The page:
14 December 2012 12:34 [Source: ICIS news]
LONDON (ICIS)--Soda ash demand in Europe is surprisingly stable even as several float glass furnaces have shut down, closed or are being idled, sources said on Friday.
Pilkington, a subsidiary of Nippon Sheet Glass Group (NSG Group), is the latest glass producer to announce it would idle production at its UK facility from 3 January 2013.
"As a consequence of the overcapacity that still exists in the European glass industry, the NSG Group has informed the employee representatives concerned that one of its UK float lines, “CH2” Float Line in Cowley Hill, UK, will be kept out of operation on ‘hot hold’ from 3 January 2013. At present it is expected that the line will remain on hot hold for three months," the company said in a statement on Friday.
Hot-hold means the furnace is heated, but it does not produce any glass. Furnaces are difficult to start up, so glass producers prefer to idle plants in a hot-hold status instead of shutting them down when demand drops.
In April, Pilkington closed another line at the same site citing similar reasons. In addition, in November, NSG Group announced it would close two other float lines, one of which is in Halmstad, Sweden, affecting approximately 230 workers. The line is expected to be closed by the end of March 2013.
The second line is in Porto Marghera, Italy, affecting about 140 workers. The furnace in Porto Marghera has been in a hot-hold position since July 2012. The line will be completely closed from January 2013.
NSG will also close its Ylojarvi, Finland and Landskrona, Sweden plants that supplied the automotive industry with glass parts.
Another glass producer, Saint Gobain, stopped several furnaces in Portugal, Belgium, France and Germany in 2012, resulting in a 19% reduction in output. Other glass manufacturers have also cut output and decided to idle production facilities in response to weak demand from downstream markets.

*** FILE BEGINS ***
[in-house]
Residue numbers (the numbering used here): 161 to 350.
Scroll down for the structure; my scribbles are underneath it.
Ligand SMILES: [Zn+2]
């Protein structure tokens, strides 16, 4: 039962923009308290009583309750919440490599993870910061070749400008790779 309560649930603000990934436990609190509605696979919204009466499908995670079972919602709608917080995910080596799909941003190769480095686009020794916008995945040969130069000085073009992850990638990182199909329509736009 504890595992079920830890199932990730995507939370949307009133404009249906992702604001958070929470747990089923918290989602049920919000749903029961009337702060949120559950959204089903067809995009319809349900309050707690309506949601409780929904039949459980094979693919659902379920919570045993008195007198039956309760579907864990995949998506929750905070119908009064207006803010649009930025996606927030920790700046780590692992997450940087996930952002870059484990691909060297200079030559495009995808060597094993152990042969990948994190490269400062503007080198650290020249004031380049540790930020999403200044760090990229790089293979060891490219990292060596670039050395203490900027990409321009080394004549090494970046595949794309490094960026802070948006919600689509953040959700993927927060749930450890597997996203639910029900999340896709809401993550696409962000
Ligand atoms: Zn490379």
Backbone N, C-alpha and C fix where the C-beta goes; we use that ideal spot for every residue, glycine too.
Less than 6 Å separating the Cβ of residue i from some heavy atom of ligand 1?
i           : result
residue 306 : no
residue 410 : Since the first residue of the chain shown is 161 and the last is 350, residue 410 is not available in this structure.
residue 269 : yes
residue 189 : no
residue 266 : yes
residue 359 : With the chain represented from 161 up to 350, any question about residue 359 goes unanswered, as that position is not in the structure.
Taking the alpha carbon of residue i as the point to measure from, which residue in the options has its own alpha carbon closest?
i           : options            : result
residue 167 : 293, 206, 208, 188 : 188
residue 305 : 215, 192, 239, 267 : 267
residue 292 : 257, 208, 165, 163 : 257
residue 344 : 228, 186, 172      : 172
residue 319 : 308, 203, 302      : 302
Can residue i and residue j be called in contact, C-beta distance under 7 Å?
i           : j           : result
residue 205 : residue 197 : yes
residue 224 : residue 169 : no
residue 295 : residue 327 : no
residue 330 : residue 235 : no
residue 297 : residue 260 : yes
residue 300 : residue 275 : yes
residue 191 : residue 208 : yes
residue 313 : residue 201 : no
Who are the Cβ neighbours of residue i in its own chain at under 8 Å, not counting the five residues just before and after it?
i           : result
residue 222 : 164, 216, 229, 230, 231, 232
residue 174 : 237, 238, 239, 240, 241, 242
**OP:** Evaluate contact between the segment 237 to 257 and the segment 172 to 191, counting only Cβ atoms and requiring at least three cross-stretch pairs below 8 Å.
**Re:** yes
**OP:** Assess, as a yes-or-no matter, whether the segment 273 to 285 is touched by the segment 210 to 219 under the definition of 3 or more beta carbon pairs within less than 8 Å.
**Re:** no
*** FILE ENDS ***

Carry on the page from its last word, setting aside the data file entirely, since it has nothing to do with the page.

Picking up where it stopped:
However, not all is doom and gloom. Guardian Industries Corp., a US-based glass producer started up its Krasny Sulin, Rostov, Russia float glass line this week.
The new plant will produce residential and commercial glass products mainly for the Russian and Ukrainian markets. The project cost $220m (€167m) and will produce 900 tonnes of glass per day, making it the company's largest unit. Guardian also has another plant in Ryazan, near Moscow.
"Our sales programs at the new plant will focus on the southern Russian and the East Ukrainian regions,” said Janos Egyud, managing director of Guardian Steklo Services, the company overseeing the Ryazan and Rostov plants, in a statement.
Reacting to the furnace shutdowns, one European soda ash producer said that usually this would affect soda ash demand, but because offtake from the soaps, detergents, pulp and paper and sodium bicarbonate industries is strong, they have not really felt the effects of the furnace closures yet.
Most European players are in the process of negotiating their 2013 annual soda ash contract prices and producers are targeting €10/tonne increases while buyers seek to limit this to rollovers, or €4-6/tonne increases maximum.
Producers conceded that in some cases they will not be able to achieve the targeted €10/tonne rise, because resistance from buyers is strong, but because of higher transportation and energy costs in 2012 they will push hard to raise prices by at least €5/tonne.
One western European soda ash producer said that the market is "a bit strange" now as one would expect weaker demand given all the furnace shutdowns this year, but because sales to the soaps and detergents and other downstream industries is strong, there is no downward pressure on contract prices, it said. In addition, lower imports to the EU have helped European-origin soda ash sales.
During the first eight months of last year, 819,901 tonnes of soda ash were imported to the EU from the rest of the world. However, during the same period of 2012 only 698,662 tonnes were imported, which means European producers could make up the difference.
A buyer said that the situation in Europe is not brilliant. "There is a shift towards moving glass production to emerging economies like Russia, because European flat glass demand is poor, so European players just have to wait and see how things develop next year," the buyer said.
($1 = €0.76)
Follow Janos Gal on Twitter @janosgalICIS
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